Barclay attended the GOP state convention where Langworthy was elected and said the new chairman would “push back on the radical ideas that are being proposed by the New York City Democrats.”
“His youth, political expertise and energy have served the Erie County GOP well and I look forward to him replicating the successes he has had in Erie County statewide,” Barclay said.
Langworthy may have the energy, but Democrats have the numbers. According to the state Board of Elections’ most recent data from February 2019, 5.8 million registered Democrats reside in New York compared to 2.6 million Republicans.
“We’re in good shape right now but I don’t take it for granted and I never discount the opposition or their commitment,” said New York State Democratic Committee Chairman Jay Jacobs of Long Island, Langworthy’s counterpart, in an interview this week with The Palladium-Times.
New York state Democrats “have never been stronger” in terms of enrollment and electoral performance, Jacobs said, but the two parties were not always so different. It was Gov. Nelson Rockefeller whose 14-year term saw the rise of “Rockefeller Republicans,” who had “one set of views on fiscal and economic issues and were very close to Democrats on social issues,” Jacobs said.
“The Trump agenda seems to have thrown that out the window,” he said. “Mr. Langworthy has quite a job ahead of him because he’s decided to buy into that.”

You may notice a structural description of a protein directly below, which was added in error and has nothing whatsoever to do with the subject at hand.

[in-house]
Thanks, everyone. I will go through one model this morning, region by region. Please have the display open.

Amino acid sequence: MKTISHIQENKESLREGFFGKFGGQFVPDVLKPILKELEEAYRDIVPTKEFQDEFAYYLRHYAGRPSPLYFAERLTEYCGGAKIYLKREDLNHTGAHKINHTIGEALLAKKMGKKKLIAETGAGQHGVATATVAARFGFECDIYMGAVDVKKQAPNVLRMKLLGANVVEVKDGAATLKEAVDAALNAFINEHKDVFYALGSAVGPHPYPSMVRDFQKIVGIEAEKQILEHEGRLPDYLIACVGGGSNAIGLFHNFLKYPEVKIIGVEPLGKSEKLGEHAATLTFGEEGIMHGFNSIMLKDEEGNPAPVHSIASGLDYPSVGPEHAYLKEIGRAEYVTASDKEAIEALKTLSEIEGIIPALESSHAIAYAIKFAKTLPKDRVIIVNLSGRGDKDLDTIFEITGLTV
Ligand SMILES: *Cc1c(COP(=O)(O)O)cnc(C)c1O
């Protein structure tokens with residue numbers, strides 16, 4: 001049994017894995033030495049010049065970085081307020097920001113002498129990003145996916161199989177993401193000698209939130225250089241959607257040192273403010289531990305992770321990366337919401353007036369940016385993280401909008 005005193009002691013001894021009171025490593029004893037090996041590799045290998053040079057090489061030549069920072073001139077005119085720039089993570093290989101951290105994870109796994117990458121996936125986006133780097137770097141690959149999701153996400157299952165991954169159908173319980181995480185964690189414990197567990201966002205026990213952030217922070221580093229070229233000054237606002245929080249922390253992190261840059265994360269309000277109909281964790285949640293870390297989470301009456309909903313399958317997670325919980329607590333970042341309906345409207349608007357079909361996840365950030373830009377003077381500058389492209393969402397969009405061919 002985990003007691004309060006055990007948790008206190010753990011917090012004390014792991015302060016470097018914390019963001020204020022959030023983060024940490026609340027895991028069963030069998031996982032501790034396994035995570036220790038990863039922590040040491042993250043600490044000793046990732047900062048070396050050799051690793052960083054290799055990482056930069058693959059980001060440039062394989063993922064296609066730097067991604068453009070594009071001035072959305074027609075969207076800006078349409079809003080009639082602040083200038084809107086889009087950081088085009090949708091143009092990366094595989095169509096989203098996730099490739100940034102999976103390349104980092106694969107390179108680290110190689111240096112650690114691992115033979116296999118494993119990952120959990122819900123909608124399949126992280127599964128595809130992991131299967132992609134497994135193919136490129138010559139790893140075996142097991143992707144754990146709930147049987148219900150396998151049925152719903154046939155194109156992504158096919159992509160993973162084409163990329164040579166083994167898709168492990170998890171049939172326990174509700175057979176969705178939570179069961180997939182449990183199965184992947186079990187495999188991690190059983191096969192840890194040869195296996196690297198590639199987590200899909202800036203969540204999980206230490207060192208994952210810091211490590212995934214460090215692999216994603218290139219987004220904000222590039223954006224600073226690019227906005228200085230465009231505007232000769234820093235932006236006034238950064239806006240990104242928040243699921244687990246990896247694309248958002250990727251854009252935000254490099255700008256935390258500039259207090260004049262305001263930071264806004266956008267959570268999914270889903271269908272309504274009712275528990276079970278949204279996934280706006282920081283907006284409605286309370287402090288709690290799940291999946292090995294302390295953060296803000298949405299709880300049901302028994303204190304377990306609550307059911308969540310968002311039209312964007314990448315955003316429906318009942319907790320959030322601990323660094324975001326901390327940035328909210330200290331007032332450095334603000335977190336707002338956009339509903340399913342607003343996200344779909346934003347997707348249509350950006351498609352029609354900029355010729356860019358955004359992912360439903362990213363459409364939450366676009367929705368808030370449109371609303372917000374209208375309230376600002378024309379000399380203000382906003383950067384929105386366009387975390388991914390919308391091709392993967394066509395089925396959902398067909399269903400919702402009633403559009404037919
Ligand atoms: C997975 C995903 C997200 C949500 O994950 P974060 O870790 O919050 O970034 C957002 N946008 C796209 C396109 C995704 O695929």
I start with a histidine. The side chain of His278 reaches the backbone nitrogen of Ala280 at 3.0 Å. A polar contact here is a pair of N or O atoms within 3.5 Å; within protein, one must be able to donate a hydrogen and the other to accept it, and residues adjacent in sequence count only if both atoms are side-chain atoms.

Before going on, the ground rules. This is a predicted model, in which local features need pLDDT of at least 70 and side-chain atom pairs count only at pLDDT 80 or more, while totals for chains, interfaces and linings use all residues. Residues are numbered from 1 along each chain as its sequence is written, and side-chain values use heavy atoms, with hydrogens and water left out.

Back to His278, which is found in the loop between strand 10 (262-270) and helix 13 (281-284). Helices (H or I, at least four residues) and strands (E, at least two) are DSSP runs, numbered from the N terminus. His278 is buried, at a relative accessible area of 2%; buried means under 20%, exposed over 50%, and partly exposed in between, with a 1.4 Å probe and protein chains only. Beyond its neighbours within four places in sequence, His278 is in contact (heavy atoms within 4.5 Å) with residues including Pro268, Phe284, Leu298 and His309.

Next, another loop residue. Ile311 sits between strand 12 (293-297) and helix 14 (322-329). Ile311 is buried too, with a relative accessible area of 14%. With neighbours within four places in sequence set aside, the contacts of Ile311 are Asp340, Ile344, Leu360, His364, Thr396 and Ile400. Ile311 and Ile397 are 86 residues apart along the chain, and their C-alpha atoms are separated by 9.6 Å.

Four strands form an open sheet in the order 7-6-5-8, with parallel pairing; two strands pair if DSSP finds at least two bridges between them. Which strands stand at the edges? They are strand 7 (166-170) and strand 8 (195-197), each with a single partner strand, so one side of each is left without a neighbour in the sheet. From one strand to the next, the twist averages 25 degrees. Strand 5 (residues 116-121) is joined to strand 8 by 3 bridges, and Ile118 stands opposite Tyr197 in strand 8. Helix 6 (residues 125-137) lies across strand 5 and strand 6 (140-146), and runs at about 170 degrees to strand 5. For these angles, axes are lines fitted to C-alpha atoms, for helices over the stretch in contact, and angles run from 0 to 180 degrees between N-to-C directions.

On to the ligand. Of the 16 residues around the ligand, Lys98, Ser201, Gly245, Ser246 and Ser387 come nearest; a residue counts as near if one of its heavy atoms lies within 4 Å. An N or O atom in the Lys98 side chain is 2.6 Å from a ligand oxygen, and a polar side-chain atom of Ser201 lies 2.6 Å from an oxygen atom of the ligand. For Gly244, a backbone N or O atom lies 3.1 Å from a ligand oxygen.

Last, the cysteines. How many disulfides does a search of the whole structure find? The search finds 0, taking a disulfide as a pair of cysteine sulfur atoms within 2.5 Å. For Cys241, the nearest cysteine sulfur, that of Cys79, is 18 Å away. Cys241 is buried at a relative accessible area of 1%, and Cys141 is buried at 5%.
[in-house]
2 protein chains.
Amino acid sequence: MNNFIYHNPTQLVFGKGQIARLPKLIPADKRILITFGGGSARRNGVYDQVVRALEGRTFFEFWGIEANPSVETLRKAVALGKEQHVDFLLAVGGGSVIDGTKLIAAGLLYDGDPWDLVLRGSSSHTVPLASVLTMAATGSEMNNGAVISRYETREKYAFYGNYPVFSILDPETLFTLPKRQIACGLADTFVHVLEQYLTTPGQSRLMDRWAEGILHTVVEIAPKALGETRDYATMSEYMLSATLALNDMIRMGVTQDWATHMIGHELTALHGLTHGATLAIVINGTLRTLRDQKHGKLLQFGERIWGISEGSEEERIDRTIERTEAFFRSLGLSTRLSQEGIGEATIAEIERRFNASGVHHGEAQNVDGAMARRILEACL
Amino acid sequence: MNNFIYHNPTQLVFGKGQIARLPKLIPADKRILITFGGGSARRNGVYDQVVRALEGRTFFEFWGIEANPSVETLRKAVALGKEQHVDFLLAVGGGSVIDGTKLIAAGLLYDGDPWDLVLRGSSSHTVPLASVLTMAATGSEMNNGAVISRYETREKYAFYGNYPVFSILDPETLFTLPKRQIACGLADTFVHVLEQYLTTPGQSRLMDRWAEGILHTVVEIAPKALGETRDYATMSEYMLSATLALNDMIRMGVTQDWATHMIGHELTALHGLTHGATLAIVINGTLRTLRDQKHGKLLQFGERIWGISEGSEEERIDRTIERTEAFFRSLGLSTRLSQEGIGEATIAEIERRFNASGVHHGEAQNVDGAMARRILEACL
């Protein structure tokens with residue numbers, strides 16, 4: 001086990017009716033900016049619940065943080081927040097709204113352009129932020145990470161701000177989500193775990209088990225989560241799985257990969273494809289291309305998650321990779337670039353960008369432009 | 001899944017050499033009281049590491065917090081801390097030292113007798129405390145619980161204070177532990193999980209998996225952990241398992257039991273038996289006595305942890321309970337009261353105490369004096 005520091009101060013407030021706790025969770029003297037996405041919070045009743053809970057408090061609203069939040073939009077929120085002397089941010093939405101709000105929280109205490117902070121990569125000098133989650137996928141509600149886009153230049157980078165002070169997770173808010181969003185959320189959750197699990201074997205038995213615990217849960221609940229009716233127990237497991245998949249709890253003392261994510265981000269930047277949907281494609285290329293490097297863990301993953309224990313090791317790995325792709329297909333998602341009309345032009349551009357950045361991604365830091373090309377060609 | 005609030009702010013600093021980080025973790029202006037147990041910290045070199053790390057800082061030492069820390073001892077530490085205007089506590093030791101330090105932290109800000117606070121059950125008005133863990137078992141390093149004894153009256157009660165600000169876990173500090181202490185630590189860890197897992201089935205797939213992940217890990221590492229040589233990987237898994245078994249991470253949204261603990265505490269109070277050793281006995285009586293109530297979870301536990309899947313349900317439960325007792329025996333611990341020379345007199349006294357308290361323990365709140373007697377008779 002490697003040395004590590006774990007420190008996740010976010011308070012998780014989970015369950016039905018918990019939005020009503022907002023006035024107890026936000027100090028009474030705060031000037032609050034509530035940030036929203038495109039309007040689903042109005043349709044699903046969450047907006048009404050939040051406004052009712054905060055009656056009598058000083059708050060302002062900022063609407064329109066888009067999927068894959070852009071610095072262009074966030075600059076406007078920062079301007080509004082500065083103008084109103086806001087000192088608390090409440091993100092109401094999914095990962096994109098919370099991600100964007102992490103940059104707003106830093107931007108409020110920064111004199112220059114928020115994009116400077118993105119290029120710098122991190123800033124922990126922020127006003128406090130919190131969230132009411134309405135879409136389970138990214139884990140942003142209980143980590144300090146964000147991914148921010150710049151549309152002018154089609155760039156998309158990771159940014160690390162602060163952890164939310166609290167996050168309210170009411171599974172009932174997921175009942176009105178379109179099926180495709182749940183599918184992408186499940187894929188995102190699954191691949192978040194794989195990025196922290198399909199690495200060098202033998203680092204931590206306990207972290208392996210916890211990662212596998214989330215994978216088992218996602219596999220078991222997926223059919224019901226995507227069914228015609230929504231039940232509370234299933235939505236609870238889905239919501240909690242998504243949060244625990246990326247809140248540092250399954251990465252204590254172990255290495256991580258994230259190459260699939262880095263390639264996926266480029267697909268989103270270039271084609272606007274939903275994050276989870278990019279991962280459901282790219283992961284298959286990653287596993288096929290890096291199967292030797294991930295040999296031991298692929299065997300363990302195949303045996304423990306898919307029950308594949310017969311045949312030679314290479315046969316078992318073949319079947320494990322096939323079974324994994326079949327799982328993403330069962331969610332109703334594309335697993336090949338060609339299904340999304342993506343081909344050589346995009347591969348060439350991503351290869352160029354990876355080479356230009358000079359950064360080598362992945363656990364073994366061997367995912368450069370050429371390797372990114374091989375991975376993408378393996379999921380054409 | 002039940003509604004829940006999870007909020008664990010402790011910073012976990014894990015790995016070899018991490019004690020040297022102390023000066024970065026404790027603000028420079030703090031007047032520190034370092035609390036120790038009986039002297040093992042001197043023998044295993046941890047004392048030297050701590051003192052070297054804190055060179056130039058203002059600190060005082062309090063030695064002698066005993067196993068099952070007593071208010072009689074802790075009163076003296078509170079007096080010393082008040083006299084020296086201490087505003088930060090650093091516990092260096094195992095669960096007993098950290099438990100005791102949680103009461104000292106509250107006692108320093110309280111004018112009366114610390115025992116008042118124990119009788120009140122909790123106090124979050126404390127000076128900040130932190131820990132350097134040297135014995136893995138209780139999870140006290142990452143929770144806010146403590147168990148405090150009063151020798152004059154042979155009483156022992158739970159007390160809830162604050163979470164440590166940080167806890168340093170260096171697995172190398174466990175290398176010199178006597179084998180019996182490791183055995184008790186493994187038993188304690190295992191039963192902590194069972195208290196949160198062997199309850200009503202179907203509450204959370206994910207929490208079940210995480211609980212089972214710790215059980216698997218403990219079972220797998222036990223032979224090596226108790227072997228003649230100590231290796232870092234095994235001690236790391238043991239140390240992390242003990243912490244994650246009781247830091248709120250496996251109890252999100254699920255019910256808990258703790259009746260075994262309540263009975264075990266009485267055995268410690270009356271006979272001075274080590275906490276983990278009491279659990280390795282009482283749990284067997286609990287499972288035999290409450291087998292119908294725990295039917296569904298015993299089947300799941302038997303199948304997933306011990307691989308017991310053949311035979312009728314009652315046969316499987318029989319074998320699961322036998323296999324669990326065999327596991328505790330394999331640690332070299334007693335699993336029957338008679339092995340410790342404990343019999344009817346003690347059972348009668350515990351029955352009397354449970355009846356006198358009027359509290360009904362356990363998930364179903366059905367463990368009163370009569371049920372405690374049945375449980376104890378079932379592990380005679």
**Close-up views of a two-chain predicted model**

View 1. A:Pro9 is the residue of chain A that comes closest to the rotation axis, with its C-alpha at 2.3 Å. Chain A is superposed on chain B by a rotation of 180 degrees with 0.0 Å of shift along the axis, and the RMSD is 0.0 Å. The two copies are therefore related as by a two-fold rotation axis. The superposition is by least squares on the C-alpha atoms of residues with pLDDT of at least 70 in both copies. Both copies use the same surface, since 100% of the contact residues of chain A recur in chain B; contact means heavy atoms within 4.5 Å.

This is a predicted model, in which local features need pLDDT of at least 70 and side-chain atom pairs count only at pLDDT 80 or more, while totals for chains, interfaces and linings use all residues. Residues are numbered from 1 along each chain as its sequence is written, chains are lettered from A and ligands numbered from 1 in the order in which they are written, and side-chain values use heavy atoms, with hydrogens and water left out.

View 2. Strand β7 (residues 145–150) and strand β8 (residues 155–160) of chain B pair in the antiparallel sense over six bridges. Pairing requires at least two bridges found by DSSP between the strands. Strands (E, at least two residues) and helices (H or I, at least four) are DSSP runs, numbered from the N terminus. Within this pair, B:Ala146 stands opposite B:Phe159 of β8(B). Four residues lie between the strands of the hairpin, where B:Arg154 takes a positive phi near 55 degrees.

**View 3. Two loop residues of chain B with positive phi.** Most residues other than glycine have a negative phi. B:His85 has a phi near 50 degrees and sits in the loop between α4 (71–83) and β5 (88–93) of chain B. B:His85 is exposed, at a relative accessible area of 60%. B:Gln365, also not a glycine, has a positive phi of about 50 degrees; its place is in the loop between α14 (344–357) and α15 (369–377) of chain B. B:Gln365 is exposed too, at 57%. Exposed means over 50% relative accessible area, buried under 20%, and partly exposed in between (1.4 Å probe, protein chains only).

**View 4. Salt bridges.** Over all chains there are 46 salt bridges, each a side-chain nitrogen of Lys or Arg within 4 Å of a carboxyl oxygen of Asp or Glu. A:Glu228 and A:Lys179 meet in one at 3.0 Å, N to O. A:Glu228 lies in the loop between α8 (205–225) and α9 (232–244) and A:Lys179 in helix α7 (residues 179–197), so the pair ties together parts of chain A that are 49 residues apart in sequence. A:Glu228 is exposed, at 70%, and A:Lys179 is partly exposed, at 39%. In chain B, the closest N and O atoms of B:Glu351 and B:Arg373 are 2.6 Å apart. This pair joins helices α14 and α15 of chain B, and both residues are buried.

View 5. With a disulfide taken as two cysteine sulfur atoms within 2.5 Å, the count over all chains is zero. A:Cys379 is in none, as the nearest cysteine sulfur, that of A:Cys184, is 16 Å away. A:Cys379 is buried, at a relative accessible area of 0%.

When talking about President Donald Trump, Jacobs pulls no punches but admits a modicum of “pity” for his colleagues on the other side of the aisle.
“They’ve decided to choose power over America, over our nation, over our values,” Jacobs said. “No one is going to convince me that these same Republicans go home at night and behind closed doors, are proud of their president. At the end of the day, when Donald Trump is long gone and on the ash heap of history, they’ll have to explain to their children and grandchildren what they heck they were doing and why they didn’t stand up.”
Langworthy served on Trump’s transition team executive committee following the 2016 election and says the president has embodied the efficacy of “aggressively taking your message directly to the people” and he’s “delivering on everything he promised.”